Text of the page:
Chicken run. Need Ideas for ground cover

Discussion in 'Coop & Run - Design, Construction, & Maintenance' started by winekntrychicks, Oct 8, 2008.

  1. winekntrychicks

    winekntrychicks Pooper Peeper

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    Sebastopol, CA
    Hi All, Live here in northern california. Looking for ground cover ideas for this winter. I don't want the girls to have to go out into mud. Had down pine shaving, had first rain, now it smells like it's souring.. Need all ideas. Thanks. [​IMG]
     
  2. patandchickens

    patandchickens Flock Mistress

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    Sand or gravel will promote drainage (dry = less stink, less flies) and won't break down. A good deep layer, at least 4", and significantly more is better.

    Anything organic will eventually break down, become more of a water-holding sponge, and create worse mud, unless you shovel it all out and replace with new in a timely fashion.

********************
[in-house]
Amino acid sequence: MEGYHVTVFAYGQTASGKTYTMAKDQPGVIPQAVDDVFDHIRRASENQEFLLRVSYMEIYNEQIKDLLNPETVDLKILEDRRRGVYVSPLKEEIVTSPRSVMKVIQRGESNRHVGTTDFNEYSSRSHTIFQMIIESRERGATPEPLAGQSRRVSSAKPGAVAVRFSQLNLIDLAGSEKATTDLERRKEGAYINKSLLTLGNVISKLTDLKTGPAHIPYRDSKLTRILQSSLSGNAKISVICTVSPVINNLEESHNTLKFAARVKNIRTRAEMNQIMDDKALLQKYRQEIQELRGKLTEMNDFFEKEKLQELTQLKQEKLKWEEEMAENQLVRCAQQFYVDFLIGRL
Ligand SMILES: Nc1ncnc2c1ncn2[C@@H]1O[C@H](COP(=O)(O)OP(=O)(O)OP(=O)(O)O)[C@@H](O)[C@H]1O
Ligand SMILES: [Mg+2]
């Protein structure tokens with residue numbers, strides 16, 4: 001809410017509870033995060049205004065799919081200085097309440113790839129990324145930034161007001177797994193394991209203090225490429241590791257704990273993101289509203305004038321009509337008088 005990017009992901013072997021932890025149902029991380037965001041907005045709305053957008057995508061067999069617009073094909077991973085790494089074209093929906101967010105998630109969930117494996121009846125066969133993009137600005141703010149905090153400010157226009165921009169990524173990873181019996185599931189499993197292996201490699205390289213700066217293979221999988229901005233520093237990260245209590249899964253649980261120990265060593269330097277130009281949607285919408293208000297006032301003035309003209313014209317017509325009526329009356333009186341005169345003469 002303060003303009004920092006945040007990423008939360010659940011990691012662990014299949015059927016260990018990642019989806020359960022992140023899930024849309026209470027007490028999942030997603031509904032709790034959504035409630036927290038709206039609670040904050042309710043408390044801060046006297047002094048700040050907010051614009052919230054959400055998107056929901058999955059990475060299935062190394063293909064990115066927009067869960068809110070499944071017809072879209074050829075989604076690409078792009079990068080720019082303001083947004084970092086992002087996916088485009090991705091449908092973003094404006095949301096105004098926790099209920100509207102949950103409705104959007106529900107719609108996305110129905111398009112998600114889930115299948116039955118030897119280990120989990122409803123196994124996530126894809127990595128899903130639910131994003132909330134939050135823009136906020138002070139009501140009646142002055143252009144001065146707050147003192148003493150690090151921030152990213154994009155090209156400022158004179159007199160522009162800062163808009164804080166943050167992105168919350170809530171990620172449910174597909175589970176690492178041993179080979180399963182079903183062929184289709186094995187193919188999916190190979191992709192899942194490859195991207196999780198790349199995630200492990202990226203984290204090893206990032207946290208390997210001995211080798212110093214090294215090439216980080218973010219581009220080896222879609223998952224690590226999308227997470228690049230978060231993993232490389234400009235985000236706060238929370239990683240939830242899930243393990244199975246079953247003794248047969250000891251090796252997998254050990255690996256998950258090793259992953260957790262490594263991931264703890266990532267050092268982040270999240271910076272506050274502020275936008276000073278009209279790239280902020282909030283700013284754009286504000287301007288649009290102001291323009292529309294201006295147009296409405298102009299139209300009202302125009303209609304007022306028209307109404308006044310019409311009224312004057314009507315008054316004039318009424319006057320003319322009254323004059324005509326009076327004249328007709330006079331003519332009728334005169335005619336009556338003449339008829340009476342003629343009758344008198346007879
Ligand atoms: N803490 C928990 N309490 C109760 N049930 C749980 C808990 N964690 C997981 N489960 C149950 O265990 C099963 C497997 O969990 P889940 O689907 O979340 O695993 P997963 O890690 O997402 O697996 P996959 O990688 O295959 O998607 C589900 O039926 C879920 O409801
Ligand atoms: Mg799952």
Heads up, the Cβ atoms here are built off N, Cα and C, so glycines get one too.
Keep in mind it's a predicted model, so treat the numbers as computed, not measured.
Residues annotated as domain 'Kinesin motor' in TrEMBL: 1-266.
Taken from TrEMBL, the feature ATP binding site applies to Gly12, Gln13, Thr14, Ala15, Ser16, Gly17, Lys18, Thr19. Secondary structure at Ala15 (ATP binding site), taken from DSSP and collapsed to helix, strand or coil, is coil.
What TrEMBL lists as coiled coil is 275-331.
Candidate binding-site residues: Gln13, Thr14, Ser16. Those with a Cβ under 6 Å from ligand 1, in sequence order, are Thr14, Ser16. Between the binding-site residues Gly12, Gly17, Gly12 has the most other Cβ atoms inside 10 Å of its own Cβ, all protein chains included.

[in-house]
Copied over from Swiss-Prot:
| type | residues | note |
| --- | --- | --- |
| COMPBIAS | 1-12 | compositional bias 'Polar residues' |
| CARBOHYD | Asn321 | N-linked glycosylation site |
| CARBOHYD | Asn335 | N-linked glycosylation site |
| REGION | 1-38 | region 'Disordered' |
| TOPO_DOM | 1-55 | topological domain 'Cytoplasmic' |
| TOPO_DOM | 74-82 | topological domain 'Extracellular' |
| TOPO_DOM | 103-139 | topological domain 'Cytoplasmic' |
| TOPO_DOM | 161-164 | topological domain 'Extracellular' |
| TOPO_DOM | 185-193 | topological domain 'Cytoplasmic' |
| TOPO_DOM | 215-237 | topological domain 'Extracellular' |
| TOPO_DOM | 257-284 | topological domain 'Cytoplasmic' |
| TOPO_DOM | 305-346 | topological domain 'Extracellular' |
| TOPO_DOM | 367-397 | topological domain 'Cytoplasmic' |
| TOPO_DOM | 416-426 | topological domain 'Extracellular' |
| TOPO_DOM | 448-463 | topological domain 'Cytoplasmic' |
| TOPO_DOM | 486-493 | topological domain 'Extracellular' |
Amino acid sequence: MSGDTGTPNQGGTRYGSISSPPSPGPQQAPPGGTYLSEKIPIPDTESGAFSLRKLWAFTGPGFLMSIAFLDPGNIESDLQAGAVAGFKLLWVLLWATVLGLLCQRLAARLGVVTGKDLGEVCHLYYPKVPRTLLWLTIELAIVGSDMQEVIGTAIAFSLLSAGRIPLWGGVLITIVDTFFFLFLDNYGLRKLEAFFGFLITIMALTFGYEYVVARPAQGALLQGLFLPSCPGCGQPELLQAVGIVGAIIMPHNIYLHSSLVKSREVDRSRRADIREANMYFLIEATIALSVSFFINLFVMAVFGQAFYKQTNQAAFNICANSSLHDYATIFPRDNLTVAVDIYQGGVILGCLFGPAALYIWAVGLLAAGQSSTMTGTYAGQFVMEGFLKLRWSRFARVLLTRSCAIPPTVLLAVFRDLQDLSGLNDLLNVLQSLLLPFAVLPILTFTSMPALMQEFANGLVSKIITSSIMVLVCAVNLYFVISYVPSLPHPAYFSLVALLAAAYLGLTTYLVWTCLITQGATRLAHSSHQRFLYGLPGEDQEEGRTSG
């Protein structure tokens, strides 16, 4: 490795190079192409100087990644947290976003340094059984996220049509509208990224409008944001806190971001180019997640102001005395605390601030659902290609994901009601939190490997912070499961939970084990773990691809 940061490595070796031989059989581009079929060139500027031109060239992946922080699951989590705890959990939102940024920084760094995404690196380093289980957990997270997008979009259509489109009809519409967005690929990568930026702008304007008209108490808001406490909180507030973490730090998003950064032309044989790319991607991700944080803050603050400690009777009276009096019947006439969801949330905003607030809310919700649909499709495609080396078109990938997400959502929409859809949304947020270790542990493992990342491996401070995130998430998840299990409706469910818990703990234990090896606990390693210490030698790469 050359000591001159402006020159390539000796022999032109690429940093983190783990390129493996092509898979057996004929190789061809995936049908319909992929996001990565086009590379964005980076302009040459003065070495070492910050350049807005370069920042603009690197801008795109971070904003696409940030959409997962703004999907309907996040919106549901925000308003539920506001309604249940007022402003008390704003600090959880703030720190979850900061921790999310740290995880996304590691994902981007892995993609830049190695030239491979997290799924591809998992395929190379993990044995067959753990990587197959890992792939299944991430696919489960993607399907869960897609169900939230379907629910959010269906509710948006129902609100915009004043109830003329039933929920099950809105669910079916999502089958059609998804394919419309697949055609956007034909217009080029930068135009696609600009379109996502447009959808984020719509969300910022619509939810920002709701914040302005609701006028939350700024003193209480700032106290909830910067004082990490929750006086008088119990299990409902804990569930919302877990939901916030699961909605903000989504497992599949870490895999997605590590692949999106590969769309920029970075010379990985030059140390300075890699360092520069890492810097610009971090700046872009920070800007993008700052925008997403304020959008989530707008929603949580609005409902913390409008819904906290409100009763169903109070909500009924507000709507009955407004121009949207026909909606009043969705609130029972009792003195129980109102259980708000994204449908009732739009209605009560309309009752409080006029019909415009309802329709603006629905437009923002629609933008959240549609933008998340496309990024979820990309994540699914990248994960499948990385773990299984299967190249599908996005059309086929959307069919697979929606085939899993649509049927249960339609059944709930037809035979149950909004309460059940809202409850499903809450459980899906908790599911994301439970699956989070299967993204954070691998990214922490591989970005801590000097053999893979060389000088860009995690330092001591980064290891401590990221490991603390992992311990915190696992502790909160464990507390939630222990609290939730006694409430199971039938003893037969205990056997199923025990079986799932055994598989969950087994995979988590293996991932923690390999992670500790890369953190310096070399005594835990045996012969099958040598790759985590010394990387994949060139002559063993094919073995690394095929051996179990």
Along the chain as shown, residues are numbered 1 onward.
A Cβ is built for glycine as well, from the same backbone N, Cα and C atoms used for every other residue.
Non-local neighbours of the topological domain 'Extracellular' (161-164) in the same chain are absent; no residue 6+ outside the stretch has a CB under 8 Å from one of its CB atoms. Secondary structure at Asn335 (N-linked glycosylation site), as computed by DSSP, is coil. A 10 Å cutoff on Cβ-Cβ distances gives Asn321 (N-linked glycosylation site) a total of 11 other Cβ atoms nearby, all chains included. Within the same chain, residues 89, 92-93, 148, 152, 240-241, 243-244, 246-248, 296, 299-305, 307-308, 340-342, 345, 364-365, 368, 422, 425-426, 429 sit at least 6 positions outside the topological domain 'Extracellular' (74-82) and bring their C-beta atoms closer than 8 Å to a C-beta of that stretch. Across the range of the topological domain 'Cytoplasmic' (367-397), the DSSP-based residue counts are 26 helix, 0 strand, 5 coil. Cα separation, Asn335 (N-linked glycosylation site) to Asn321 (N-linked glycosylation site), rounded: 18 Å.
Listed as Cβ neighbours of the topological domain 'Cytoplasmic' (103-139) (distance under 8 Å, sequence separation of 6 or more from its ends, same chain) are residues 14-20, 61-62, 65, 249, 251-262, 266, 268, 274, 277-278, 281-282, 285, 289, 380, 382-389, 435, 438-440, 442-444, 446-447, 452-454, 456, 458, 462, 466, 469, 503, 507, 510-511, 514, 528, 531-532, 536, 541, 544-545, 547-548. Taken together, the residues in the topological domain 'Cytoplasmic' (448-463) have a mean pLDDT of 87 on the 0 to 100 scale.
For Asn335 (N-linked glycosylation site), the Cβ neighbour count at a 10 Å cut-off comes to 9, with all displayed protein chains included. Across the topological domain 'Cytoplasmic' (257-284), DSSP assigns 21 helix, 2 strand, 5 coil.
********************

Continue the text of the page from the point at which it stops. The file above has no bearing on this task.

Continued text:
Organic stuff can make sense if you have a free source and don't mind the labor, but otherwise, there is a lot to be said for sand or a sand/gravel mix, if you ask me. You can still add cut grass/weeds/whatever for them to scratch and pick through, just make sure to remove 'em before they start to come apart into little pieces and mix in with the sand/gravel.

    Good luck and ahve fun,

    Pat
     
  3. Enchanted Sunrise Farms

    Enchanted Sunrise Farms Overrun With Chickens

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    i personally don't like using pine shavings. i think they're messy. i used to use straw, and when the pens got wet i would spread the straw around to give my girls dry footing. i would rake it up after a couple days and put down more, to keep things dry.

    i recently switched to hay, Orchard Grass hay. It's softer and easier for me to work with for nest and coop lining. Not sure how good it will be for keeping the pen dry. We haven't really gotten any rain yet. But it stays puffier than straw, so i would think it wouldn't pack down as much.